Daddies Should Develop Relationships with Children, says Dr. Michael O’Donnell
ASSOCIATED PRESS: Involvement, consistency, awareness and nurturance are the keys to better family life for today’s dads, says Michael O’Donnell, [former] director of the Southwest Center for Fathering at Abilene Christian University.
One of the center’s goals is to champion the role of fathering in America, O’Donnell said. Many men who grew up in the 1960s – himself included – “grew up without fathers – either they were absent or they were `phantom’ fathers, not really involved,” he said. “So now we are seeking help and clues on how to get this job done.”- Dads need to be involved. Involvement can be defined as playing or working with your children and attending to their daily routines, O’Donnell said.
If mom always helps preschoolers with their baths or assists older children with their homework, “the child acquires a role differentiation based on sex,” he said. “The child begins to believe only mothers can be nurturing.”
Dad should also be involved in the milestones in his child’s life – the first day of school, baptisms, confirmations, school graduation and so on.
While it is often easier for fathers to be involved with their sons and their athletic activities, fathers should also take time to be with their daughters, he said. For example, by helping with homework, Dad gives his daughter the subtle message that she is capable and not inferior to her brothers.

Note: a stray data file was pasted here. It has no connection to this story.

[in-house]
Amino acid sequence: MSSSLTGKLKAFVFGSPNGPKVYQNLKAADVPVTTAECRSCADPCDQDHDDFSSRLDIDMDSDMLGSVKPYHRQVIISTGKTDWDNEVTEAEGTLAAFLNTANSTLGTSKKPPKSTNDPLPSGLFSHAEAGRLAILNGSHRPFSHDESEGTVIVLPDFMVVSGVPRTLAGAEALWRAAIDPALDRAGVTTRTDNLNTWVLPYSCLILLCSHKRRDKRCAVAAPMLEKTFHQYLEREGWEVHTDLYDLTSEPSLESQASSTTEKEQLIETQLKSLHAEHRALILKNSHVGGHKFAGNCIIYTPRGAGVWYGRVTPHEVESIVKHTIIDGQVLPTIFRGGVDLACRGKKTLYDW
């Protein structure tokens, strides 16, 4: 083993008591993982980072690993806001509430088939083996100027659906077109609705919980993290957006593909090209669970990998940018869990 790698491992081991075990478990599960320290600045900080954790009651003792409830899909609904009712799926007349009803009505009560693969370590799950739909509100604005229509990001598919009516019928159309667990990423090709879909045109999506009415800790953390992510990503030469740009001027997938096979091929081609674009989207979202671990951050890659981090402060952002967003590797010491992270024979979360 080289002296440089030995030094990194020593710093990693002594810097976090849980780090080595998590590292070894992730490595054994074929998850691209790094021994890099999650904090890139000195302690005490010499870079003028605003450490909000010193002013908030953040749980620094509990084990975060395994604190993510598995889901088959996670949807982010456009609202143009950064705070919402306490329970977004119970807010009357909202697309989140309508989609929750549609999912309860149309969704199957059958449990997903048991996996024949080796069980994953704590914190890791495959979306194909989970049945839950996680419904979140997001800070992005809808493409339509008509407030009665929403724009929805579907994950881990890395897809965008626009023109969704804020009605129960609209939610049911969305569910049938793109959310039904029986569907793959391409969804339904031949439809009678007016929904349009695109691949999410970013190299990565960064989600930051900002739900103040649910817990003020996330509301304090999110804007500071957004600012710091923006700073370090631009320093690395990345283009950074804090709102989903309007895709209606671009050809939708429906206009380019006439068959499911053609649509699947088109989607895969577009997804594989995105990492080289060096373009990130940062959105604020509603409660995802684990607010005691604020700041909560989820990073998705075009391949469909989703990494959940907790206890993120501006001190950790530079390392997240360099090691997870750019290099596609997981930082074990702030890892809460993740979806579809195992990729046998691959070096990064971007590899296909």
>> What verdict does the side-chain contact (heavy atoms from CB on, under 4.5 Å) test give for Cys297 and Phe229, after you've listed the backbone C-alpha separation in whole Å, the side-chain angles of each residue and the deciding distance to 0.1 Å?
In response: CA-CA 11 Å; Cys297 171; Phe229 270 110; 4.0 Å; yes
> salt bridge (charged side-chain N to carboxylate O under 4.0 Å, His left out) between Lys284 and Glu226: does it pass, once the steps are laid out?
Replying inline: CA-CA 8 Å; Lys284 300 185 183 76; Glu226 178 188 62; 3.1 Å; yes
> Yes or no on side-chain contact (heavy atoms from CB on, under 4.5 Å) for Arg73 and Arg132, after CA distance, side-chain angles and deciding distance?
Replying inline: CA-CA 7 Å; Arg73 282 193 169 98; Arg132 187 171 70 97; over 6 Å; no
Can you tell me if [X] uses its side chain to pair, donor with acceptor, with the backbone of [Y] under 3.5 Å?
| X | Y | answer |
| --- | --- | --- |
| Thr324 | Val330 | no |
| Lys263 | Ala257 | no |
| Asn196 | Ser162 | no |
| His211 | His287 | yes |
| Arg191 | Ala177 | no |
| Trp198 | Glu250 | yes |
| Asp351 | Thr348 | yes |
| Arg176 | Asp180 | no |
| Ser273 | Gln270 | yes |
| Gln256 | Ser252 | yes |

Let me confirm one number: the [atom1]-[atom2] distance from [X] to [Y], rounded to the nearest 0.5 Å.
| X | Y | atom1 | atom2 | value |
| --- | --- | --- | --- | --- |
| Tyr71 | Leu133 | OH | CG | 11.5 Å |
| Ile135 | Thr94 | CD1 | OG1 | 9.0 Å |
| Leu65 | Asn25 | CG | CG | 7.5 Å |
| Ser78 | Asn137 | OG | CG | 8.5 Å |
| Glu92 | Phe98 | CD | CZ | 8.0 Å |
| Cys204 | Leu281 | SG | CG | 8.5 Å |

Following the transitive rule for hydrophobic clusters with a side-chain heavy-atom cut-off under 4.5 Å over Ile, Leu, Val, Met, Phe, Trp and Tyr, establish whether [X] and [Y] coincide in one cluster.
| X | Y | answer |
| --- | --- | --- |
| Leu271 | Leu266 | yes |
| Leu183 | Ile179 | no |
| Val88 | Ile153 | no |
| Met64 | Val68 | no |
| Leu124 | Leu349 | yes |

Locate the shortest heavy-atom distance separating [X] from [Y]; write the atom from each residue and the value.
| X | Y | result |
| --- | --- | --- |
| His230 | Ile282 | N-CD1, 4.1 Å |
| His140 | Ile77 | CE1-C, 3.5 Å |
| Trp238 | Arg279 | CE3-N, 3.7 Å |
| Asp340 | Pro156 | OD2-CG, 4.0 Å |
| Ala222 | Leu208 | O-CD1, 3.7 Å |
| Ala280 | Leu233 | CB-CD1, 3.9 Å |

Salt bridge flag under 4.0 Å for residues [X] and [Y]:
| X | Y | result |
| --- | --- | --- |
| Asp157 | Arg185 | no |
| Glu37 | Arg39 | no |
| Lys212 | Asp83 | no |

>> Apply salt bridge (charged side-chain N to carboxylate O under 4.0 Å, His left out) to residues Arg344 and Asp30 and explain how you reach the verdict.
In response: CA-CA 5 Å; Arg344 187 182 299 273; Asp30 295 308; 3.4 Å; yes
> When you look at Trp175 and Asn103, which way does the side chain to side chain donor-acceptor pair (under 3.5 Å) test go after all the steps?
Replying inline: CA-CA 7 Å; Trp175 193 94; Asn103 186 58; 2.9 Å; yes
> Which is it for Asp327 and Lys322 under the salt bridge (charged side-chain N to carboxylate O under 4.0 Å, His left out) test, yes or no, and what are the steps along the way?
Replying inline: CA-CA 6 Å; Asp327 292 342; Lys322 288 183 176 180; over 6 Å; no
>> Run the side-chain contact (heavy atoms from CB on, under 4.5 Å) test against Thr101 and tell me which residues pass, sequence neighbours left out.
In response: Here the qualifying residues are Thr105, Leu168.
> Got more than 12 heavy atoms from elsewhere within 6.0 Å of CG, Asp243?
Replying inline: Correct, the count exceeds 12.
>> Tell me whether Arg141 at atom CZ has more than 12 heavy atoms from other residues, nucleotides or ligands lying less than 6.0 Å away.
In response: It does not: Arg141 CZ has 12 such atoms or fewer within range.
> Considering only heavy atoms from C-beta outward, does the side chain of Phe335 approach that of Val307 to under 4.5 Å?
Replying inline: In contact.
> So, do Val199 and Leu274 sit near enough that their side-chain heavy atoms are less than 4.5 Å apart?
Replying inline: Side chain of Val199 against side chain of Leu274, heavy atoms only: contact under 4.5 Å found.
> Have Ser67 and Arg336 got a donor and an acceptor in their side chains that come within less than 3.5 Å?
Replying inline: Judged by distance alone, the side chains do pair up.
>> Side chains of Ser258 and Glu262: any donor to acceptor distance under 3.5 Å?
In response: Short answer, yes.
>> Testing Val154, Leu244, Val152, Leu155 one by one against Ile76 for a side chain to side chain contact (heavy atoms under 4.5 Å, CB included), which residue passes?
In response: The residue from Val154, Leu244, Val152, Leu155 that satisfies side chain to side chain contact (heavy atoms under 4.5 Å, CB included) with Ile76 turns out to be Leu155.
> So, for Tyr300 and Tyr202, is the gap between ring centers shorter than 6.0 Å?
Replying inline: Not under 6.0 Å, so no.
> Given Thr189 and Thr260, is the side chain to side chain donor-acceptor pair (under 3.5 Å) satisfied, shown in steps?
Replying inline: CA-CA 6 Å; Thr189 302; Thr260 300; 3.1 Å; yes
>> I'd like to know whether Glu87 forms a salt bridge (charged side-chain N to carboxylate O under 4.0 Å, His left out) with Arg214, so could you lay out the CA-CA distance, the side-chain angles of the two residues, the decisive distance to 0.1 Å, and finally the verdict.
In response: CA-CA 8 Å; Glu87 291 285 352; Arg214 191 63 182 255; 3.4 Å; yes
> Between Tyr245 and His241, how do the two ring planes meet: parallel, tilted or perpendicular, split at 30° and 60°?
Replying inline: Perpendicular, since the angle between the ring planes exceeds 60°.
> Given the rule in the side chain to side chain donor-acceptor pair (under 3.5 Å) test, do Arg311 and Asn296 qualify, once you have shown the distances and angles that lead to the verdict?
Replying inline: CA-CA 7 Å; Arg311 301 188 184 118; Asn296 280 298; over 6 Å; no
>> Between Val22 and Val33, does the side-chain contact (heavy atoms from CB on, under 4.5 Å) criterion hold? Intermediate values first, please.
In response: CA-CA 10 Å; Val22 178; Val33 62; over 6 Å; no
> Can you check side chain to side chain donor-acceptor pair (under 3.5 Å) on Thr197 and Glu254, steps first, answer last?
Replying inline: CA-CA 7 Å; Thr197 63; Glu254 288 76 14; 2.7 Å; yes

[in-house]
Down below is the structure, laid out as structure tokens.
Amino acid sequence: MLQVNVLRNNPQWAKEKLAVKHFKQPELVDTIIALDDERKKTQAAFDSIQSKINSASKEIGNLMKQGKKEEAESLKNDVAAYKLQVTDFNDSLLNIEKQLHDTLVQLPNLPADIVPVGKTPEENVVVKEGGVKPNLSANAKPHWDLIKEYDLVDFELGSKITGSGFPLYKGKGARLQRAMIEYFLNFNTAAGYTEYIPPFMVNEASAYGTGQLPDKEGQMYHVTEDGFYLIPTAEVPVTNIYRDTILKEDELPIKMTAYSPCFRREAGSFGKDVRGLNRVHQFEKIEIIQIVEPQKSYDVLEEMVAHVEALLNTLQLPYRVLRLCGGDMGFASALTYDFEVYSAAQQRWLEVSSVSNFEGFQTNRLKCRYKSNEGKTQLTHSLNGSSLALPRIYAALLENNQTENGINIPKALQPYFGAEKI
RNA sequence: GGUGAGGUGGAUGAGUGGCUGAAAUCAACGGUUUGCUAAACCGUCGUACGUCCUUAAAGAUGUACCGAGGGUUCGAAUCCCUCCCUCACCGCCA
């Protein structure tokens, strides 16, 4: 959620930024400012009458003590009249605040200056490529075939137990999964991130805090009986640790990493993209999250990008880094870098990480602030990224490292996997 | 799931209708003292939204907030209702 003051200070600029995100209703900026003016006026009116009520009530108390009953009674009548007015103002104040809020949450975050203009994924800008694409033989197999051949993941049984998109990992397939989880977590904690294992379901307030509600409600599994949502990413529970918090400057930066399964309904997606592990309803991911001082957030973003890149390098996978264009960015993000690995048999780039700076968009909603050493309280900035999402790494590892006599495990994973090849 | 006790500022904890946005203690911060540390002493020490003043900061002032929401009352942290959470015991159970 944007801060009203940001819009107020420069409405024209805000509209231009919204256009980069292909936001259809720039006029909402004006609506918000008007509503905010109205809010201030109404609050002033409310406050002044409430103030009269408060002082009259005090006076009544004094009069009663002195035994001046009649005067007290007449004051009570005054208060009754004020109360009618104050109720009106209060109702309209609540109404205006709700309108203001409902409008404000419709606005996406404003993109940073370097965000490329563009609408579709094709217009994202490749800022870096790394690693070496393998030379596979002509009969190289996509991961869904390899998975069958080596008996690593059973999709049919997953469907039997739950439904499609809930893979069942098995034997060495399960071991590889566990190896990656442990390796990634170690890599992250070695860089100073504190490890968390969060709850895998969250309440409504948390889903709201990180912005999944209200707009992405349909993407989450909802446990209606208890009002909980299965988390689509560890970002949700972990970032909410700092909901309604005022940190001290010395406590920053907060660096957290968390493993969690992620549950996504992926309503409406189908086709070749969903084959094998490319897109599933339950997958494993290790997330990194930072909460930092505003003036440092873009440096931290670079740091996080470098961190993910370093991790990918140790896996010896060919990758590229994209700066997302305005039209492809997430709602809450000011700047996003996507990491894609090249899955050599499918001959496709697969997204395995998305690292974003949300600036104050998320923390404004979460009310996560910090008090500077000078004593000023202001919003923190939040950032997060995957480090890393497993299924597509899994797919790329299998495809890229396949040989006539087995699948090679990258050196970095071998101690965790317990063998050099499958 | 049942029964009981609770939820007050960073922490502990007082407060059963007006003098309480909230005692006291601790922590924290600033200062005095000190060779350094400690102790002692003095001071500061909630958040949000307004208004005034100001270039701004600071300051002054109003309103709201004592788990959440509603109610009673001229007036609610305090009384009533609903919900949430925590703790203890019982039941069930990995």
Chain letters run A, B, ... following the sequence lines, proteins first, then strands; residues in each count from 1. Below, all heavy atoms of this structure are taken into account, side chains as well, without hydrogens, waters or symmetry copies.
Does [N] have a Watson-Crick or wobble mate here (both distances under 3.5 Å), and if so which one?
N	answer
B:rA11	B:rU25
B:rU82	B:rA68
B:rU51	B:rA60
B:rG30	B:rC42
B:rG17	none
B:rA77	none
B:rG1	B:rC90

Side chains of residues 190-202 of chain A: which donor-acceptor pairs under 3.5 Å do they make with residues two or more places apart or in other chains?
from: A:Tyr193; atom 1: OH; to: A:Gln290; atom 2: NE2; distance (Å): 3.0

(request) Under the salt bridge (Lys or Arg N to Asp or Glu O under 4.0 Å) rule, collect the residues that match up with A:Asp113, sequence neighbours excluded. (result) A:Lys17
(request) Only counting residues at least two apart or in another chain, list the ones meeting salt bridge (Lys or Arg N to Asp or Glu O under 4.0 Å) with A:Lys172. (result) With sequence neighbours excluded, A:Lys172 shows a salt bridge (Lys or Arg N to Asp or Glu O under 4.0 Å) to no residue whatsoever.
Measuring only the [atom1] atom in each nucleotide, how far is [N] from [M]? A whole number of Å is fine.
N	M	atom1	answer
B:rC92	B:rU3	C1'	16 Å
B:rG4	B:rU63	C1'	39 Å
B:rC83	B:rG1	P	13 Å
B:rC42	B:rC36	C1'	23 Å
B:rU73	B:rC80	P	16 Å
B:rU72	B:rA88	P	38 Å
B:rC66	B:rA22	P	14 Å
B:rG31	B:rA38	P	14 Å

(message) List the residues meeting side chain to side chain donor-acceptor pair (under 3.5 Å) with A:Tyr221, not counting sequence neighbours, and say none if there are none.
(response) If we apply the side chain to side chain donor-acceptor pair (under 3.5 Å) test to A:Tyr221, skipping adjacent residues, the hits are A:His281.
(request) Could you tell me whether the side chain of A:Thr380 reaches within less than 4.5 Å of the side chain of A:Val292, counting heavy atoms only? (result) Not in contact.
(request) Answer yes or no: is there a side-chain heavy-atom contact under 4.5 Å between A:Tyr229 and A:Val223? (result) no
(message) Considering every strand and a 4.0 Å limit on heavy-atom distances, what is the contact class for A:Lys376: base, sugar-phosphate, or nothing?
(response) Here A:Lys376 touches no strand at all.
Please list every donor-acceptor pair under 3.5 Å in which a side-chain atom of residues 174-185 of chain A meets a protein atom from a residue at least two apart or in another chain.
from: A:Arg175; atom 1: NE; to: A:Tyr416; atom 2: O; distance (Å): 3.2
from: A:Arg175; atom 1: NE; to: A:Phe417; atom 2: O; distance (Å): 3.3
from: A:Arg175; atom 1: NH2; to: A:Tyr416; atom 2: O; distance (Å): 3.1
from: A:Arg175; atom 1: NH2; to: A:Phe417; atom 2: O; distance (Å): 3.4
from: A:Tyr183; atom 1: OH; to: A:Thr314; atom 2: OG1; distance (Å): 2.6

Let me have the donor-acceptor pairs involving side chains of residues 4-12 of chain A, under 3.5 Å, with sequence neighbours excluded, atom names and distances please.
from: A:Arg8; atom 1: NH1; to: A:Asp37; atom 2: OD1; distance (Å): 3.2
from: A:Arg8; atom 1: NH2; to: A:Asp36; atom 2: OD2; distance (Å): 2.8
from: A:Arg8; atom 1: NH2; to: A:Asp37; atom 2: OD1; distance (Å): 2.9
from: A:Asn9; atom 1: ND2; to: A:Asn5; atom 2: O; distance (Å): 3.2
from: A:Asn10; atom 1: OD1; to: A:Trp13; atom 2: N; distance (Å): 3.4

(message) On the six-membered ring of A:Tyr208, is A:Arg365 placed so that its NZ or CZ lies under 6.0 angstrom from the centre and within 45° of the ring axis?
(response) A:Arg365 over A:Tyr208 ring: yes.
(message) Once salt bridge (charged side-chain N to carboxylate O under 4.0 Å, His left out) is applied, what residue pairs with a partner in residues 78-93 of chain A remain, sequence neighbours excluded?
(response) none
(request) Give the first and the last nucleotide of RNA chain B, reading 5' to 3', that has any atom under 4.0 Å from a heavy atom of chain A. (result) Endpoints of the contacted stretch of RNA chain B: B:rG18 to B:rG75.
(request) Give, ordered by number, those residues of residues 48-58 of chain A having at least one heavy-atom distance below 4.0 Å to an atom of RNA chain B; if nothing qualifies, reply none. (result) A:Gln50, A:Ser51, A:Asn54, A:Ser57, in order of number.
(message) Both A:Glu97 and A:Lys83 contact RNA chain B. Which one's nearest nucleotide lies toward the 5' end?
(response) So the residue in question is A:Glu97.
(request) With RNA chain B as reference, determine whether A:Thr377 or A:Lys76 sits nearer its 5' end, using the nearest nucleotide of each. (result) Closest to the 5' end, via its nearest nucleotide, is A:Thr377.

– Dads need to be consistent. Dads need to be predictable, O’Donnell said, so that when the child’s peer group says, “let’s do this,” the child can reply, “No, that would really get my father angry.”
Fathers must also decide which rules are important and unbendable. For example: Will you absolutely forbid your son to wear an earring or your daughter to dye her hair green?
– Dads need to be aware. Most fathers can name last year’s Super Bowl winner and the current prime interest rate, but those things aren’t important to a child. Fathers need to know what goes on in their children’s world. “Communicate and ask them how they feel and what’s important to them,” O’Donnell said.
– Dads need to be nurturing. Nurturing fathers show affection and intimacy for their children in spontaneous ways that do not make their children self-conscious, O’Donnell said. Nurturing fathers support and protect their children, both physically and emotionally, and they gratify their children’s needs, whether it’s bringing them a warm blanket at night or taking special care of them when they’re sick.
Dads can even be nurturing when they’re away on a business trip, or when their children are away at school.
“Children love cards, letters and phone calls,” he said. “The father can be gone physically but maintain a presence. Put a note from Dad in their school lunch box or between the pages of a textbook you know they’ll be opening that day. Imagine how loved they’ll feel when they find a note in their math book with a smiley face from Dad saying, `I know you can do this!’ ”